Although the student loan is still the main source of income for most students, many parents – and some grandparents – also provide financial help. So what’s the best way to help your child financially?
Paying towards living costs
Whether you’re helping with rental costs or providing money for specific expenses, such as a car or laptop, it’s much better to give a set amount than to cover costs without imposing a limit.
- Give your child regular and fixed amounts. Learning to budget is one of the biggest financial challenges a student faces. If you bail them out when they run out of money rather than giving them a fixed amount it will make it harder for them to see the merits of budgeting.
2. Make sure they limit their borrowing. It’s really tempting to spend on socialising, clothes and/or tecchy toys when you’re at university and I’m not saying that your student son or daughter should never spend any money, but every penny they borrow will have to be repaid once they graduate (with interest).
3. Be careful not to fall foul of inheritance tax rules. This may be more relevant to grandparents than parents, but it’s worth knowing that there are limits on how much you can give away each year. You can give away up to £3,000 a year without having to worry about inheritance tax and you may be able to give away more than this.
SAVVY TIP: Inheritance tax is charged at 40% on anything you leave that’s worth more than £325,000 (in tax year 2016-17) when you die. Married couples and those in a civil partnership can transfer their inheritance tax allowances to each other, so effectively doubling the amount they can leave free of IHT).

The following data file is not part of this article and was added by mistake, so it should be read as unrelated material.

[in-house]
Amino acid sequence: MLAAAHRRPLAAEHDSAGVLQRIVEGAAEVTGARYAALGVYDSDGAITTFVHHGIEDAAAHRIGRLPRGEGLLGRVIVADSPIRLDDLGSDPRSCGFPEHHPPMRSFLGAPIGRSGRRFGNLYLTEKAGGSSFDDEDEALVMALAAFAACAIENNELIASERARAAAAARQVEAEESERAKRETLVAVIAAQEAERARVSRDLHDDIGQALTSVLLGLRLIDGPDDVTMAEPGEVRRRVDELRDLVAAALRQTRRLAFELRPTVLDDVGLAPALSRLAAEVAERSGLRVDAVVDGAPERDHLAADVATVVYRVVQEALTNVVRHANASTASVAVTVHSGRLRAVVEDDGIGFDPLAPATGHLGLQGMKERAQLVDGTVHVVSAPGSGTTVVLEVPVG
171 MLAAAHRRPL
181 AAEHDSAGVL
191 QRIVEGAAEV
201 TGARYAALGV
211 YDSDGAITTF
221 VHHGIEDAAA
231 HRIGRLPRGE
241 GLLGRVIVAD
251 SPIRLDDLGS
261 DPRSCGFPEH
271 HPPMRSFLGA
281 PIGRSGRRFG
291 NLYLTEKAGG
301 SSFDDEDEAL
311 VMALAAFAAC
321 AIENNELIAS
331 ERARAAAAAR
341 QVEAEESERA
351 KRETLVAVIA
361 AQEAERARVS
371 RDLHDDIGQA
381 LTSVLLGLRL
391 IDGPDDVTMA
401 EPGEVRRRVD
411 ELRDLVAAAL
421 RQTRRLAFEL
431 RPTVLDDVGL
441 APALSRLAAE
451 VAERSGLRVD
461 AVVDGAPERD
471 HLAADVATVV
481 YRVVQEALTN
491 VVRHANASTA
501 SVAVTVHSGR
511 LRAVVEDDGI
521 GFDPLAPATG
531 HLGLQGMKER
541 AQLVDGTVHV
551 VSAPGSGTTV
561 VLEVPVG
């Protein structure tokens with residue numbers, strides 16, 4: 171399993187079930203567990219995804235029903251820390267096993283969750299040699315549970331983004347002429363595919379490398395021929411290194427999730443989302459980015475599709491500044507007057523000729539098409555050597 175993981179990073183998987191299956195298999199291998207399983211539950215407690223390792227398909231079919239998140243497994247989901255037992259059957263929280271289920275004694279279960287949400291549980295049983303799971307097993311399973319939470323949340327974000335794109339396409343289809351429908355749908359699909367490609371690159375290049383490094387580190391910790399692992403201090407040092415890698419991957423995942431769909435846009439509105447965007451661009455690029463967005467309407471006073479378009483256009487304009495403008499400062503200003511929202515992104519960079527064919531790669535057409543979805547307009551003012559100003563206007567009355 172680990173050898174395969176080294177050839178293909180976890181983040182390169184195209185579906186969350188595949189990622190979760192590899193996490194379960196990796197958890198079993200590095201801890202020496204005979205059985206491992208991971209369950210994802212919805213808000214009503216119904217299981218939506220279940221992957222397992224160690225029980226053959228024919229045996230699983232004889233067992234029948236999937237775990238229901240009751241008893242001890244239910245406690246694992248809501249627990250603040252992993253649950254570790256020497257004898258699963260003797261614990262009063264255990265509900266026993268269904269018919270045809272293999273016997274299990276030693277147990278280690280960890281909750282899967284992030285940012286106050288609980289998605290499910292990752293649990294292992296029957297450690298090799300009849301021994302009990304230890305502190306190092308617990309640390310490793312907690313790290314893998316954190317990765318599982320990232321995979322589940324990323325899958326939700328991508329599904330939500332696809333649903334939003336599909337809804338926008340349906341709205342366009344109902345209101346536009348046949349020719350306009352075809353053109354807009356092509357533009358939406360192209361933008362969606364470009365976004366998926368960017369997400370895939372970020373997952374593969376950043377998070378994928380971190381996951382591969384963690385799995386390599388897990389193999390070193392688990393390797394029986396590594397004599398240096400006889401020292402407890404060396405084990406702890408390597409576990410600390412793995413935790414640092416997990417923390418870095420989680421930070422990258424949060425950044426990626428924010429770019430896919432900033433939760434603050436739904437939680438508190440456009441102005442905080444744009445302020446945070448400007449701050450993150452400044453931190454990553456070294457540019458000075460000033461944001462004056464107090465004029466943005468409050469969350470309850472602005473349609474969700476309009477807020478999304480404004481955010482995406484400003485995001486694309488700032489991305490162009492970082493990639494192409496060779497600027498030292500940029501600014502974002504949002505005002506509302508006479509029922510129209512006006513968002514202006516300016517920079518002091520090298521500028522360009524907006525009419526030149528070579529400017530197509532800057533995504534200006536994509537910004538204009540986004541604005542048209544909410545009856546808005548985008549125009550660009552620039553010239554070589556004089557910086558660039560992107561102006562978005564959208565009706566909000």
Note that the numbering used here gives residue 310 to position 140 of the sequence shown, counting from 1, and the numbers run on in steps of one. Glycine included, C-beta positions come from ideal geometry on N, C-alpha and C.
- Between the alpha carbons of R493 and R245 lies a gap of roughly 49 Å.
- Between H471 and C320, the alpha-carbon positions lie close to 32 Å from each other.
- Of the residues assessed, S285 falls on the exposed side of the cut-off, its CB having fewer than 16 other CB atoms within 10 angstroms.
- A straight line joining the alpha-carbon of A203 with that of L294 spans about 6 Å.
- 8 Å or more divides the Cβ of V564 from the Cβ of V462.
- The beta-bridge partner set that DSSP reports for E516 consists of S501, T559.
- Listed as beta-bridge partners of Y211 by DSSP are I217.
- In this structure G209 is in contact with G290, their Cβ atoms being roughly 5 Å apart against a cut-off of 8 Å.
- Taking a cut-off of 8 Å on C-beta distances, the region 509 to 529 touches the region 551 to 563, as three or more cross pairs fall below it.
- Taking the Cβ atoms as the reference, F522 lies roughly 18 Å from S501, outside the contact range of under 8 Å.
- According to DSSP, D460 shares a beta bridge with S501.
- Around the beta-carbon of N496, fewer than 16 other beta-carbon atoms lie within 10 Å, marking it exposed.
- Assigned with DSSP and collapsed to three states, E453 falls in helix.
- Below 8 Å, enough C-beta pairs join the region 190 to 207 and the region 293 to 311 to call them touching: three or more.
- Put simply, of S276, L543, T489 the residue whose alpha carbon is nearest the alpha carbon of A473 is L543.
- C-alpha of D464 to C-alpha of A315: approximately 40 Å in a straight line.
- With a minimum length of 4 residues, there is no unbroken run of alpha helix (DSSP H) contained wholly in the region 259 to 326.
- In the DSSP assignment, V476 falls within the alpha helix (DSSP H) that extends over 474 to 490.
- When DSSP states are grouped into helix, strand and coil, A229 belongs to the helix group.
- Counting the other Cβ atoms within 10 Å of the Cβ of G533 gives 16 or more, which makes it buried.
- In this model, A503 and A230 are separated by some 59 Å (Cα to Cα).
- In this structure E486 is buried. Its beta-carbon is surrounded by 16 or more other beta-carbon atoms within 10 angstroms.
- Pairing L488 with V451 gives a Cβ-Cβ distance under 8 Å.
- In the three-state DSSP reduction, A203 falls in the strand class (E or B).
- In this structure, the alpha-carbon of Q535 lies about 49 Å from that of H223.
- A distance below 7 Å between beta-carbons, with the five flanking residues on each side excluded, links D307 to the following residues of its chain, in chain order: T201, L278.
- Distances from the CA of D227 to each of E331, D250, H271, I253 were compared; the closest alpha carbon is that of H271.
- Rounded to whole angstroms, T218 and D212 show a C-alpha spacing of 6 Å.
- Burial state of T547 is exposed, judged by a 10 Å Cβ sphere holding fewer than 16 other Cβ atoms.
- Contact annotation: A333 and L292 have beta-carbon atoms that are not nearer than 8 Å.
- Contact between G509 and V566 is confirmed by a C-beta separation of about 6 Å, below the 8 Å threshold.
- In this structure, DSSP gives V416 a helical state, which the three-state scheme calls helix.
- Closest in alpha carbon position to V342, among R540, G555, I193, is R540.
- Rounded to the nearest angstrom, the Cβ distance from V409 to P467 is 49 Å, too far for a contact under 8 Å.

Covering insurance costs
Your insurance policy can be used to cover your child’s possessions while they’re at university, saving them money on paying for a separate policy. Some insurers charge for this while others offer it free. Check what the limits for cover are as some can be fairly low.
SAVVY TIP: Most policies don’t accept claims from a student if something’s stolen from their room that doesn’t have a lock on it.
You can add your son or daughter’s name to your own car insurance policy if they use your car occasionally, but don’t be tempted to do this if they’re really the main user. It’s called ‘fronting’ an it’s illegal and car insurance providers are increasingly clamping down on it.
Watch out! Fronting will invalidate your car insurance policy. If you add your son or daughter as a named driver when they’re really the main driver the insurer can withdraw cover and refuse to pay claims.
SAVVY TIP: If your son or daughter was involved in an accident and the insurer can show that fronting was involved, they may look to recover the costs from you as the policyholder or your son/daughter as the driver. There could be penalty points added and additional fines to pay as well.
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